Introducing heterostructure to graphitic carbon nitrides (g-C3N4) can improve the activity of visible-light-driven catalysts for efficient treatment of multiple toxic pollutants in water. Here we report for the first time that a complex material can be constructed from an oxygen-doped g-C3N4 and MIL-53(Fe) metal-organic framework using a facile hydrothermal synthesis and recycled polyethylene terephthalate from plastic waste. The novel multi-walled nanotube structure of the O-g-C3N4/MIL-53(Fe) composite which enables unique interfacial charge transfer at the heterojunction showed an obvious enhancement in separation efficiency of the photochemical electron-hole pairs. This resulted in narrow bandgap energy (2.30 eV compared to 2.55 eV in O-g-C3N4), high photocurrent intensity (0.17 mA cm-2 compared to 0.12 mA cm-2 and 0.09 mA cm-2 in MIL-53(Fe) and O-g-C3N4, respectively), and excellent catalytic performance in the photodegradation of anionic azo dyes (95% RR 195 and 99% RY 145 degraded after 4 h, and only a minor change in the efficiency observed after four consecutive tests). These results demonstrate the development of new catalysts made from waste feedstocks that show high stability, ease of fabrication and can operate in natural light for environmental remediation.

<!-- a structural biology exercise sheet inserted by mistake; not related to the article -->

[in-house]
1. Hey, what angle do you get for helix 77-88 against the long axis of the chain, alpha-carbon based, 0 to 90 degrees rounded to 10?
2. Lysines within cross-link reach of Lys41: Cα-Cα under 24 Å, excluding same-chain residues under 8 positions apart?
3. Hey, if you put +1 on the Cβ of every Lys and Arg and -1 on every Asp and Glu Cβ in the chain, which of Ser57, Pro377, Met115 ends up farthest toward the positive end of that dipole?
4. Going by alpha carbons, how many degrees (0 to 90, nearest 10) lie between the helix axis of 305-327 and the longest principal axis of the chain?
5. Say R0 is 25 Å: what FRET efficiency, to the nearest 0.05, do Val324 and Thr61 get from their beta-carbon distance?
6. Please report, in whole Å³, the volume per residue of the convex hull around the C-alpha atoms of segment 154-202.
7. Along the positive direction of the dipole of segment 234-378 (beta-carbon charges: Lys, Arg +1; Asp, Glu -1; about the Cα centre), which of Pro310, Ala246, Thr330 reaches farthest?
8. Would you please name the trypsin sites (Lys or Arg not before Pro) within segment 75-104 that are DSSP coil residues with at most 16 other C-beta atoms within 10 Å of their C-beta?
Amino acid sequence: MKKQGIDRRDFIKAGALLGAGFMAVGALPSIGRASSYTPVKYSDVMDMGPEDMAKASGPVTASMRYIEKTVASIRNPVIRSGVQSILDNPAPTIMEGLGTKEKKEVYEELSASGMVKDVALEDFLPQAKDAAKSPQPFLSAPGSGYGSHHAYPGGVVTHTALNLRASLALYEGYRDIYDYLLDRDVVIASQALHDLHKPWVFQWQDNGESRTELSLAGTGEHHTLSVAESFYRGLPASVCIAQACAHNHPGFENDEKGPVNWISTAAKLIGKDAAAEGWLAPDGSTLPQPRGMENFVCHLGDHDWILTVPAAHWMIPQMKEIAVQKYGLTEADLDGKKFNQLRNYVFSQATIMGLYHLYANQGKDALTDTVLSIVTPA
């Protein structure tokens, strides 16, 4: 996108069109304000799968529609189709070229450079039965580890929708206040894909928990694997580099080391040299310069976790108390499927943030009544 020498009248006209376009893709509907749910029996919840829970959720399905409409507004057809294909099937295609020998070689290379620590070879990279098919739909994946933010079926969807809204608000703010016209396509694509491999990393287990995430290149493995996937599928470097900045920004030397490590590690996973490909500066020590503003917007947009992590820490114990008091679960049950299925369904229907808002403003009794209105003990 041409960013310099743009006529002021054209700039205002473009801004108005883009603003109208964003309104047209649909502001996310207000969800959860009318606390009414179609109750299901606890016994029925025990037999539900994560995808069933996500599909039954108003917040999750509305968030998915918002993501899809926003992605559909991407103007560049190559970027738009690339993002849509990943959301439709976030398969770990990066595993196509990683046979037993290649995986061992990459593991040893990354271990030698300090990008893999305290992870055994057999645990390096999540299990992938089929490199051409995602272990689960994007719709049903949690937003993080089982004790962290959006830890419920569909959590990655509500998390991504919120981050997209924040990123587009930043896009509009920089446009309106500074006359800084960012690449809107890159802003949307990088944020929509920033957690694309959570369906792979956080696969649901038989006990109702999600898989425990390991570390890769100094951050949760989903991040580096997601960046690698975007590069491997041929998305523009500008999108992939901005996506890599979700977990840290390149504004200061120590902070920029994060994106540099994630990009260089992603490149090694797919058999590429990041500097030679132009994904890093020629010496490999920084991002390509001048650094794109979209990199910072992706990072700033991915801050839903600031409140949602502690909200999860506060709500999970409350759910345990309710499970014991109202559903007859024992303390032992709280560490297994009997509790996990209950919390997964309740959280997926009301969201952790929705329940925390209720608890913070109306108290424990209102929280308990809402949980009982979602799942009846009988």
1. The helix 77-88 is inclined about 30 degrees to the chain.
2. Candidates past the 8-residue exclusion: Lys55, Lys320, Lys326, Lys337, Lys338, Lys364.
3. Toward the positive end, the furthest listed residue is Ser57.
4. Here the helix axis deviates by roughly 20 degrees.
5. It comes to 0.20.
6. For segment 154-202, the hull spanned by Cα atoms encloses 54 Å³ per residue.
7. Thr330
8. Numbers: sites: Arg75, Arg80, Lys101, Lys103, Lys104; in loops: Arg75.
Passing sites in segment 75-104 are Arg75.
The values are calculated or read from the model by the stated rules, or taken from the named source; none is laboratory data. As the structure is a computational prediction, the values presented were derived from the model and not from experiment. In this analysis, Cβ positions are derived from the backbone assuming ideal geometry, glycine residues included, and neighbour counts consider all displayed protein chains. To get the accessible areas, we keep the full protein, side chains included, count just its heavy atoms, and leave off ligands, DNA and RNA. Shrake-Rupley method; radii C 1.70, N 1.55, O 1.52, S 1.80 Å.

This work has been published in Faraday Discussions